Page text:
“You have to get your SBA’s, SUA’s, T’s and A’s in order to have an organized portfolio, Sridatt,” said the Lead Instructor of Portfolio Based Language Assessment (PBLA) implementation. “You also have to get,” continued the official, “peer evaluations [PE’s], learner reflections [LR’s], and inventory checklists [IC’s], all in order to have a good, organised portfolio.” The order and presentation of the portfolio, not the teaching of the language itself, seems paramount. I welcome myself to the new world of English as a second language teaching, even though my new teaching practices are not aligned with my educational philosophy.
By the time the individual was finished, I was beginning to see a sort of preoccupation over skill building activities (SBA’s), skill using activities (SUA’s) tasks (T’s) and assessments (A’s). When the individual was gone, it didn’t take much reflection to conclude that Portfolio Based Language Assessment (PBLA) seems to be a faulty assembly line approach to education. Continue reading →
Portfolio Based Language Assessment (PBLA) has created a new world, where the doing of tasks is a must, with no exceptions whatsoever. The first thing that comes to mind when you hear the word task is the notion that you have something to do, most likely something you are not too keen on doing. A task by any definition is a piece of work you must do or undertake. The Merriam-Webster dictionary goes further to add: “Something hard or unpleasant that has to be done.” Some common synonyms for the word task are chore, job, duty, labour, toil, and burden. Both as a noun and a verb, the word task does not evoke anything pleasant someone has to do. How the word task came into adult ESL teaching methodology now troubles me. There has to be a better Continue reading →
Portfolio Based Language Assessment (PBLA) is here to stay. “Teachers cannot opt out” (p. 58) and it is “an expectation of employment” (p. 71). Once implemented the way it was meant to be, the evidence suggests, it is an academically sound approach to teaching and learning. The PBLA programme, now being implemented in all ESL non-credit classes that are funded by Citizenship and Immigration, has two critical shortcomings which I have encountered Continue reading →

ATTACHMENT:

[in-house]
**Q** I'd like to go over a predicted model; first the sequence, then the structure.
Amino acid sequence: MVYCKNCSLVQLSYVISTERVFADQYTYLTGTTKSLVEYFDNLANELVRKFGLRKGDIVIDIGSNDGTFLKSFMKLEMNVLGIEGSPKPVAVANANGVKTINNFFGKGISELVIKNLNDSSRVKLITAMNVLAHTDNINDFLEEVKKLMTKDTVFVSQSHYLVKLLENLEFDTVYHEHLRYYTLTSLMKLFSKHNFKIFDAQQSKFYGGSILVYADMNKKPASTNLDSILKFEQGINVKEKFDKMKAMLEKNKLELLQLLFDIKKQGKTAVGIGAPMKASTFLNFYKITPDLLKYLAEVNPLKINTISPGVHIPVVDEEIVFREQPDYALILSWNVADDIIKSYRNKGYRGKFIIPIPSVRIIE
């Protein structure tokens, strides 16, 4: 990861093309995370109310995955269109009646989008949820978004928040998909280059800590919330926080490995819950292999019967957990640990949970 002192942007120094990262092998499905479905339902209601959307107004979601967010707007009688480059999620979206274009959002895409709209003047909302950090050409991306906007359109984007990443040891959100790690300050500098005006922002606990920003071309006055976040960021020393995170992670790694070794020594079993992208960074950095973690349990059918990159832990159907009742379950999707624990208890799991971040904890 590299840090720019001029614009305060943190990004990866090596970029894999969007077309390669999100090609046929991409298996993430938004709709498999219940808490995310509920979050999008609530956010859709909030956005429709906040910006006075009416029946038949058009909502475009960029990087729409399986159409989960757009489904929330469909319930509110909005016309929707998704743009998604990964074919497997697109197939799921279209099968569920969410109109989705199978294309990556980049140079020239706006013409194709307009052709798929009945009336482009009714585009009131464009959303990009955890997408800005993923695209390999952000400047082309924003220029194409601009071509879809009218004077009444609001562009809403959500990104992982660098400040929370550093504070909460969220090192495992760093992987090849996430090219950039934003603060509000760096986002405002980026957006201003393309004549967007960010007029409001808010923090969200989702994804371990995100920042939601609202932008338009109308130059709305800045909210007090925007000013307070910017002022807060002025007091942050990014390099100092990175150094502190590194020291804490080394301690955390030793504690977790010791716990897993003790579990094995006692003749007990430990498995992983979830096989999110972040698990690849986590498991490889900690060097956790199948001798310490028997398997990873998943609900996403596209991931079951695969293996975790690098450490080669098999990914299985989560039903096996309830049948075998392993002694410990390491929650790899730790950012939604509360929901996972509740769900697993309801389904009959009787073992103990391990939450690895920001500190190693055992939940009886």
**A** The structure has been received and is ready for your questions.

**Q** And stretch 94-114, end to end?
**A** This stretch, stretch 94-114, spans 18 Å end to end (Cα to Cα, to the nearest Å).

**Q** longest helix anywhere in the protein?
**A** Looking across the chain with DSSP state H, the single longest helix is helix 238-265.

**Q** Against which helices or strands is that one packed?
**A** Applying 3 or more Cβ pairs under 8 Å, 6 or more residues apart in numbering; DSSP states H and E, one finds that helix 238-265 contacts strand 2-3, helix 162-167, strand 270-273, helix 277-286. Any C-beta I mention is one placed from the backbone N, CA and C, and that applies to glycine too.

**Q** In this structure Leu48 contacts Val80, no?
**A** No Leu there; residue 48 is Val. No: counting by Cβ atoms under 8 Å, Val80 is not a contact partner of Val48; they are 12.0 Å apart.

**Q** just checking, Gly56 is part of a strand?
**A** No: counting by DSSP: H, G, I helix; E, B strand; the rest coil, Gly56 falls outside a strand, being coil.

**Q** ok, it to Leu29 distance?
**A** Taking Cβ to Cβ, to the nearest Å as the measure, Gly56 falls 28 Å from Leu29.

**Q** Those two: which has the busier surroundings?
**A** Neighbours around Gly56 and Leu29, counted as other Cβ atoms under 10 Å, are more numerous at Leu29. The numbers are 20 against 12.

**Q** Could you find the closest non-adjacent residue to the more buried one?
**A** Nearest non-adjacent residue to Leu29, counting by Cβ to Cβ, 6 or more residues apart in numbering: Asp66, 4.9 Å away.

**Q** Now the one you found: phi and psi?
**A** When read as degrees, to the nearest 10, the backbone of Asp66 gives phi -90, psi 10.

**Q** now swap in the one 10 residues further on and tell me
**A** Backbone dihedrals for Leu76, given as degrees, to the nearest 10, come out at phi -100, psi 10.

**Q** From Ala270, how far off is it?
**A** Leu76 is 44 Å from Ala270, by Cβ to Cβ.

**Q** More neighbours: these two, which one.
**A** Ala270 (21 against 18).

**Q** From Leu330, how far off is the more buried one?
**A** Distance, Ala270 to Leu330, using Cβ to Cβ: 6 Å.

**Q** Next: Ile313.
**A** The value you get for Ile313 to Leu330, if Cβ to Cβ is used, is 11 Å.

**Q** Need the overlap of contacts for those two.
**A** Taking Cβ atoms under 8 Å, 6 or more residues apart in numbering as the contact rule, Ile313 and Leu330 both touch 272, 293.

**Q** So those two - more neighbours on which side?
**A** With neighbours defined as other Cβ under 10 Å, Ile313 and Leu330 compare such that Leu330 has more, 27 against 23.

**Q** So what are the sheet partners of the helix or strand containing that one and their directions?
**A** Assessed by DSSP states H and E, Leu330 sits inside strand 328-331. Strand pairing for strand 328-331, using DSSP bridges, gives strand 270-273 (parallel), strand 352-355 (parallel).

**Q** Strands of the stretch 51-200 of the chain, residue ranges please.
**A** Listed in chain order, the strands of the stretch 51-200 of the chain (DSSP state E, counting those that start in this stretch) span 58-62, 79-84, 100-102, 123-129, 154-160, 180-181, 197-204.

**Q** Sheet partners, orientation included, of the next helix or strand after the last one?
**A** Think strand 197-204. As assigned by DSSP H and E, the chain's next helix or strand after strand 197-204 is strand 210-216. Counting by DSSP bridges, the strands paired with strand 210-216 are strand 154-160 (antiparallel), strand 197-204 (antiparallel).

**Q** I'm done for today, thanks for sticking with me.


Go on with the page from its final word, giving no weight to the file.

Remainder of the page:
The age of technology has arrived. It can be integrated, according to its pundits, into every stage of teaching the four basic skills: Speaking, Listening, Reading, and Writing. Better yet, nothing beats technology for enhancing both teaching and learning, the pundits add. It’s the new transformative tool and game changer in the domain of education.
Selected studies on specific target audiences suggest that one particular app or another has indeed enhanced reading, writing, listening, and speaking skills. On the whole, however, years have passed, and test scores and outcomes have not gotten any better with most technology assisted learning and its various applications. No one, especially me, seems to know which technology is best suited to a teacher’s goals and outcomes. There are, and I think everyone would agree, too many apps purporting to enhance both teaching and student learning. At the same time, studies on the efficacy of technology and second language learning are Continue reading →
For some time now, I have been having some reservations about the effectiveness and value of the competency based form of assessment that my paymasters have asked that I use in my class of older English as a second language (ESL) learners.
For starters, I don’t think that I am that competent to give what is generally called an objective “competency standard.” A number of items in a portfolio, including can-do lists, which by themselves seem to put too much pressure on older learners, still leave me questioning myself: What is my standard of competence? And am I assessing my students against my standard of competence? And not what I think they can do? Is the notion of competency superseding everything else in class? The questions keep popping up. And the more they do, the less competent I feel. Continue reading →
Of recent, it is becoming increasingly clear that more and more ESL students entering our classrooms are expecting a rapid transmission of information, structured presentations, concrete outcomes, a course syllabus, and direction from teachers. Such expectations are not new; they come with most formal classes. Such expectations, common in traditional classroom settings, coming from Adult ESL learners, necessitate a rethinking of our present learner-centered or constructivist approach. It raises a question: Is there a place for direct instruction in today’s adult classes? Or, is there not a place for the traditional approach? By that, I don’t mean the uncreative and non-liberating approach to education so well described by Paulo Freire. I mean a Continue reading →